The White House on Tuesday insisted that President Biden is not an “old friend” of Chinese President Xi Jinping — despite Xi saying so at a virtual summit Monday in what’s being seen as an opening dig to undermine Biden.
Biden has denied in the past that he’s a friend of the Communist leader, despite often warmly recounting their interactions during his vice presidency.
A Bloomberg News reporter asked White House spokesman Andrew Bates during an Air Force One gaggle whether “President Xi was trying to in some way undermine the US” with his use of the term.
“I’m not going to speak for President Xi,” Bates said. “But like you just mentioned, you’ve heard explicitly from the president himself that he has a longstanding relationship with President Xi, they spent a great deal of time together, they are able to have candid discussions and be direct with each other, which helps them be productive. But he does not consider President Xi an old friend.”
Xi opened the virtual summit Monday by telling Biden during brief public remarks, “I’m very happy to see my old friend.”
Biden became testy in June when Fox News correspondent Peter Doocy suggested the two speak “old friend to old friend” to get to the bottom of the origins of the COVID-19 pandemic.
“Let’s get something straight,” Biden said at the time. “We know each other well. We’re not old friends. It’s just pure business.”
Hours before Biden and Xi spoke Monday, White House press secretary Jen Psaki said when reminded of the June exchange that Biden “still does not consider [Xi] an ‘old friend,’ so that remains consistent.”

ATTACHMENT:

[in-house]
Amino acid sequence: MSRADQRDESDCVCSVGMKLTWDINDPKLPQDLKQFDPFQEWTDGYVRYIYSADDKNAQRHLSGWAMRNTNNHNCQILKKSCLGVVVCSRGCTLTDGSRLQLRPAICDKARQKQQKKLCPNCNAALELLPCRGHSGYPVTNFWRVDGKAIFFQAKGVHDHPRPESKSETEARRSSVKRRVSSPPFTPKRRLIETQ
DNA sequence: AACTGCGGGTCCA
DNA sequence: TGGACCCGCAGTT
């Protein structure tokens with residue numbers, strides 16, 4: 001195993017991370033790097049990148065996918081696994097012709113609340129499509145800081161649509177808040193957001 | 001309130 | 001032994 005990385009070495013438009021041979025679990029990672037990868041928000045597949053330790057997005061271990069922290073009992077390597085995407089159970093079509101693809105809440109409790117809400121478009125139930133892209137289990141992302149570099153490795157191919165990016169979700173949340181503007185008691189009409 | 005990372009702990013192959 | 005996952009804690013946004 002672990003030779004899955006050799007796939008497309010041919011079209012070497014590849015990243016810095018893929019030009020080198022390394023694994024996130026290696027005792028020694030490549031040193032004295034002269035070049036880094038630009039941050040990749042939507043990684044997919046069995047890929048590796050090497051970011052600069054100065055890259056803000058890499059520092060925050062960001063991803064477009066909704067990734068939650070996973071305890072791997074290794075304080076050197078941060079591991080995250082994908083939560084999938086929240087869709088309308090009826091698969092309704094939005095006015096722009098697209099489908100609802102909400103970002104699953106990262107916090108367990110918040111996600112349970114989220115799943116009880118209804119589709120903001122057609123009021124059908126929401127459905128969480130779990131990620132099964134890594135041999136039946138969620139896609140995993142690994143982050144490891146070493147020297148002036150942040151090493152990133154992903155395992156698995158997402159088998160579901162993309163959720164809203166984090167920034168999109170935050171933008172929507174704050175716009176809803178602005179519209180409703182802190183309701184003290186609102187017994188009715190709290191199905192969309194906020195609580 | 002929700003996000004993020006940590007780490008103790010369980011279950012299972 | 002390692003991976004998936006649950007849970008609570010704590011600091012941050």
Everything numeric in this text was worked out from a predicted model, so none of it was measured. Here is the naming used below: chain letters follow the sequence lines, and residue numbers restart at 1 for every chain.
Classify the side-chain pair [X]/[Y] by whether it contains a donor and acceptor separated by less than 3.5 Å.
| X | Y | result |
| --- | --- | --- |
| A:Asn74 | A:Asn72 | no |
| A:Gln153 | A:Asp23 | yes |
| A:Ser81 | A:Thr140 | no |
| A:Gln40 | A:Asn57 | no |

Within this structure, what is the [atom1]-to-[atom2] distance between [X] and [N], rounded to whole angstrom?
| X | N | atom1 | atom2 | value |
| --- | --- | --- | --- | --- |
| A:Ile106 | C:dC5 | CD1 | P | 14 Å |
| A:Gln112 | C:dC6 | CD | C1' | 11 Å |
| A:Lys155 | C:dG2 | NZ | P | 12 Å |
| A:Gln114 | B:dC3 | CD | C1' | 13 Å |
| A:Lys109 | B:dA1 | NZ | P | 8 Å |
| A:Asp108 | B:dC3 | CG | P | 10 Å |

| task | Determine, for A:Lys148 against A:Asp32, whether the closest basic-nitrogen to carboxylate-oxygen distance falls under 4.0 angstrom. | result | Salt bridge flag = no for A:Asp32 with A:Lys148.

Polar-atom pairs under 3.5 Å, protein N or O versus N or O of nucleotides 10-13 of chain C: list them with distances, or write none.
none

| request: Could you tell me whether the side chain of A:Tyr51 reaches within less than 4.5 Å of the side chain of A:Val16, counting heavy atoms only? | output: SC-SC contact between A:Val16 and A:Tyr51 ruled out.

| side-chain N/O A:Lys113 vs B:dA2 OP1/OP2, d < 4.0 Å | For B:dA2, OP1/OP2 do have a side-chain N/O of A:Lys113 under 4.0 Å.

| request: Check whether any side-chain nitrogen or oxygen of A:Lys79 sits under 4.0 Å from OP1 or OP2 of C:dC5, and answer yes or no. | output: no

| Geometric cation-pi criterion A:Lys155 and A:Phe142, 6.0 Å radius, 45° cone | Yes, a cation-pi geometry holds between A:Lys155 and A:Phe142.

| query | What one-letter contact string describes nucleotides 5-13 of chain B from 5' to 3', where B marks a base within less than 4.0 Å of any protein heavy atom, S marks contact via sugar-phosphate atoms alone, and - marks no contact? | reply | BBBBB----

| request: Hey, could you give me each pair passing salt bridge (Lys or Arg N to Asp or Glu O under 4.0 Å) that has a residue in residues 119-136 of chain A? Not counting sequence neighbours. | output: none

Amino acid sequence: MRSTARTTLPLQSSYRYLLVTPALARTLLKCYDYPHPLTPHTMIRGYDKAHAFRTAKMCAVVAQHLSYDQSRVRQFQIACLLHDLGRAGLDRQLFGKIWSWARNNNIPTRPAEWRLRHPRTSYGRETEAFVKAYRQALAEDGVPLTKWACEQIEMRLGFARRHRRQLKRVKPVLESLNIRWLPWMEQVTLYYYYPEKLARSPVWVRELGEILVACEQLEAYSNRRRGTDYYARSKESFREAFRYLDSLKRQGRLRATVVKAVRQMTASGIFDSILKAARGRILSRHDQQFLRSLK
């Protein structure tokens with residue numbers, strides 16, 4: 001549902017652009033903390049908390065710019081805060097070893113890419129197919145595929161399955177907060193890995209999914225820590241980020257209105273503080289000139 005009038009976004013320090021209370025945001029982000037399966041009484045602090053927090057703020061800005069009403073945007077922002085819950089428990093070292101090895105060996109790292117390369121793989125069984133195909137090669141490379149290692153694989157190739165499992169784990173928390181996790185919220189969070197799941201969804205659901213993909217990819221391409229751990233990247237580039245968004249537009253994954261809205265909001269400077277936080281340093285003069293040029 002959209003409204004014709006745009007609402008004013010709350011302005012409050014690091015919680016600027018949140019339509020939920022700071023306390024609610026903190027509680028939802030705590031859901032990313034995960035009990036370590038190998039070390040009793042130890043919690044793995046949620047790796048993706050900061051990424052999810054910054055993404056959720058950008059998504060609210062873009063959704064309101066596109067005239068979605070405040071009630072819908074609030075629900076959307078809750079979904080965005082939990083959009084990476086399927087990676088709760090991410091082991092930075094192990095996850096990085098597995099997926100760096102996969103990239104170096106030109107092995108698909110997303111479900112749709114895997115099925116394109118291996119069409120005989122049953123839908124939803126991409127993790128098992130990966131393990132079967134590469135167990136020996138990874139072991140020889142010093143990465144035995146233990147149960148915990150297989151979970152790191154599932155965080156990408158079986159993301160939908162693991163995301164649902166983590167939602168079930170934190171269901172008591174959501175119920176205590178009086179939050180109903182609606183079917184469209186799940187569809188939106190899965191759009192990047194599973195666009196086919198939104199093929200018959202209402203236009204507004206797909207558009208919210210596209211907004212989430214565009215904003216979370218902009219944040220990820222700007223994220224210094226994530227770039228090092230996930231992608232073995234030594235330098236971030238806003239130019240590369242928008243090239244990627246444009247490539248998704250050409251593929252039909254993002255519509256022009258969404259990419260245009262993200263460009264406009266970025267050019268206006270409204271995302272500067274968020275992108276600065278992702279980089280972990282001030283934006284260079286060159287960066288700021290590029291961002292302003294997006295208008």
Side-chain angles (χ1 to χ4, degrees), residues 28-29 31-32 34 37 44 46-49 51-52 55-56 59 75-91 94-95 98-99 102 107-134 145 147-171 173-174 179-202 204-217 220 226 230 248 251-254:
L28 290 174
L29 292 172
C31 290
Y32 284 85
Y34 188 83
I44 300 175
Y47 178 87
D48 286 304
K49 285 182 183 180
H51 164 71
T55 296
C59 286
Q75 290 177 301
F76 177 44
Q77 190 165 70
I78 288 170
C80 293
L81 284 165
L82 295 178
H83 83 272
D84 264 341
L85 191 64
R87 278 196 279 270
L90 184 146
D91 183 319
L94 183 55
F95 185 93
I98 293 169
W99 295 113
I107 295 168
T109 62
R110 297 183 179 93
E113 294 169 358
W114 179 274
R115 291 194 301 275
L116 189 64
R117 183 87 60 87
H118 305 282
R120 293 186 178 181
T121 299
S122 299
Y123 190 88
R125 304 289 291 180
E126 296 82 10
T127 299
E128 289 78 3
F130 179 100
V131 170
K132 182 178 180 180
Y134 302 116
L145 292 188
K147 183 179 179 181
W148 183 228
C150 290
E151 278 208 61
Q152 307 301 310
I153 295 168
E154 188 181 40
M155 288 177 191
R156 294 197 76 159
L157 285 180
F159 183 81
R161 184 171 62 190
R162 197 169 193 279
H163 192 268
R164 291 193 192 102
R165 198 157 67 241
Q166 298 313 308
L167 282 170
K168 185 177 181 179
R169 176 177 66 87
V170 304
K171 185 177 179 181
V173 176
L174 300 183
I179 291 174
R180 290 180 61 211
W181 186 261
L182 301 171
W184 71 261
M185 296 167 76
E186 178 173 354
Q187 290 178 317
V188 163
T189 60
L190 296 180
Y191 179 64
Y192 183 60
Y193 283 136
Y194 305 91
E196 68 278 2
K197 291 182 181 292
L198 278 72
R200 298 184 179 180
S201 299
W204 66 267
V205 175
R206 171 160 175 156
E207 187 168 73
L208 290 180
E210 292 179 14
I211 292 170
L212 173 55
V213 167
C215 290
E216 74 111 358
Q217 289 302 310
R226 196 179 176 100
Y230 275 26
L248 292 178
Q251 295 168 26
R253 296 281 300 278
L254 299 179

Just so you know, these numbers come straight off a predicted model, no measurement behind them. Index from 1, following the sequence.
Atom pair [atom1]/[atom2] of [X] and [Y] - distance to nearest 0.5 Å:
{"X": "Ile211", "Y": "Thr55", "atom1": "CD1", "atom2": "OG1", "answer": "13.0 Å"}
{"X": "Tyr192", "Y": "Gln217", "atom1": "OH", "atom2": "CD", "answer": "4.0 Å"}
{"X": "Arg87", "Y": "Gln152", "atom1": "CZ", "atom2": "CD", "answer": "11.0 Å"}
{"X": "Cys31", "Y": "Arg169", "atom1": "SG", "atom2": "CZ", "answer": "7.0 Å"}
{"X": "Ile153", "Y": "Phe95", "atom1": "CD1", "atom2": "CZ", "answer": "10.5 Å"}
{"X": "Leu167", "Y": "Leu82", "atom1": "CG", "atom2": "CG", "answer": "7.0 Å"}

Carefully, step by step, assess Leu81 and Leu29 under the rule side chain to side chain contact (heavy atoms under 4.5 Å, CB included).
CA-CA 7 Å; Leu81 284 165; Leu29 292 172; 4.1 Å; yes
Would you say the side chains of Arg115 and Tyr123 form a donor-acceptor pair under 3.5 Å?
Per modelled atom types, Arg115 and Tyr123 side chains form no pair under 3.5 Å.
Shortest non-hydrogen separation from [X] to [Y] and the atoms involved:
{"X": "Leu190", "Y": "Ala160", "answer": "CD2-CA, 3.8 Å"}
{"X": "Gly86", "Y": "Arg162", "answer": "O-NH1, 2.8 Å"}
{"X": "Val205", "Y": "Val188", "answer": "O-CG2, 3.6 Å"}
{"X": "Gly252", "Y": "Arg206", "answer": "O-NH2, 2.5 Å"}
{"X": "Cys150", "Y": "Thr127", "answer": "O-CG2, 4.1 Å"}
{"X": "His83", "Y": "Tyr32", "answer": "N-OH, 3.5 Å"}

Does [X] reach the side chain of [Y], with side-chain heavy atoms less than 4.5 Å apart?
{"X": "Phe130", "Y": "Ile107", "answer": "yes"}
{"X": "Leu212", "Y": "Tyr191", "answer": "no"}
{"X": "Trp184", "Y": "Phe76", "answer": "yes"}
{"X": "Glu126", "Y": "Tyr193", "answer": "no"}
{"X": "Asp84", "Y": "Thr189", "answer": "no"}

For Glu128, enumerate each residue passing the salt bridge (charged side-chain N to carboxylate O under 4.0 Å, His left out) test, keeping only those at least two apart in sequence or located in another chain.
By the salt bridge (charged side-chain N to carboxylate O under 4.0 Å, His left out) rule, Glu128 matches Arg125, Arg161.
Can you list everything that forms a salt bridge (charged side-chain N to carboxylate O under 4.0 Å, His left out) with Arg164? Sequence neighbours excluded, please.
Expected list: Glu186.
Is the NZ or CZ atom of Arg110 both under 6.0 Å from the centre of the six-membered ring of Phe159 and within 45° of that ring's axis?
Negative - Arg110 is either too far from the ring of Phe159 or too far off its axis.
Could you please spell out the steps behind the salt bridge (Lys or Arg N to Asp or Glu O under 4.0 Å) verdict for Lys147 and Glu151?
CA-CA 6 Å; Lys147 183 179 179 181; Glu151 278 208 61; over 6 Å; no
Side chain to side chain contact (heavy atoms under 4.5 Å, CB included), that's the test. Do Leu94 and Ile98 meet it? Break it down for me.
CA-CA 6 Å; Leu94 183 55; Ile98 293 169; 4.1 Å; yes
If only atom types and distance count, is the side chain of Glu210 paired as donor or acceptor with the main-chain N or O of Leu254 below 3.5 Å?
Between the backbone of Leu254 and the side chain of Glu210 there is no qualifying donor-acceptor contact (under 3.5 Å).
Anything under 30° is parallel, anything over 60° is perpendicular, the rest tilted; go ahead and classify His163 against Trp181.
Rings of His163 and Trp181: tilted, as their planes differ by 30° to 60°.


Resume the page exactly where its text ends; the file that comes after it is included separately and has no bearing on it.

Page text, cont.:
Biden and Xi’s virtual summit lasted about 3 1/2 hours and covered more than a dozen major topics, the White House said. But the origins of the COVID-19 pandemic that has killed more than 762,000 Americans apparently did not make the list.
A White House release said the men discussed trade, human rights, Afghanistan, Iran, North Korea, Taiwan, Hong Kong, Tibet, Xinjiang, “a free and open Indo-Pacific,” “health security,” “the climate crisis” and “global energy supplies.”
The readout didn’t mention the coronavirus, nor did a subsequent late-night White House background call for reporters.
White House national security adviser Jake Sullivan said Tuesday morning at a Brookings Institution event that Biden and Xi additionally discussed territorial disputes in the South China Sea and “counter-narcotics” issues. China is a top manufacturer of illicit fentanyl responsible for increased US drug overdose deaths.
Asked about “next steps” in the US-China relationship, Sullivan noted questions about the origins of COVID-19. US spy agencies in August assessed that it’s “plausible” that the virus leaked from the Wuhan Institute of Virology, but China has refused to cooperate with an independent international investigation.
“When it comes to COVID-19, there are still very real questions about transparency and issues associated with the origins of COVID-19. But we also have to beat this pandemic in the months ahead and that is going to require the US, China and the rest of the international community all working together in a way in which we are trying to vaccinate the world [but] not through extortion,” Sullivan said.
But Sullivan didn’t say if Biden raised the issue during the virtual summit. Psaki recently declined to say if Biden mentioned it during a 90-minute phone call with Xi in September.
Biden convened the summit despite reports that his son Hunter Biden still owns a 10 percent stake in a Chinese investment firm that’s controlled by state-owned entities. The company, BHR Partners, was formed 12 days after Hunter Biden joined his father aboard Air Force Two for a 2013 trip to Beijing.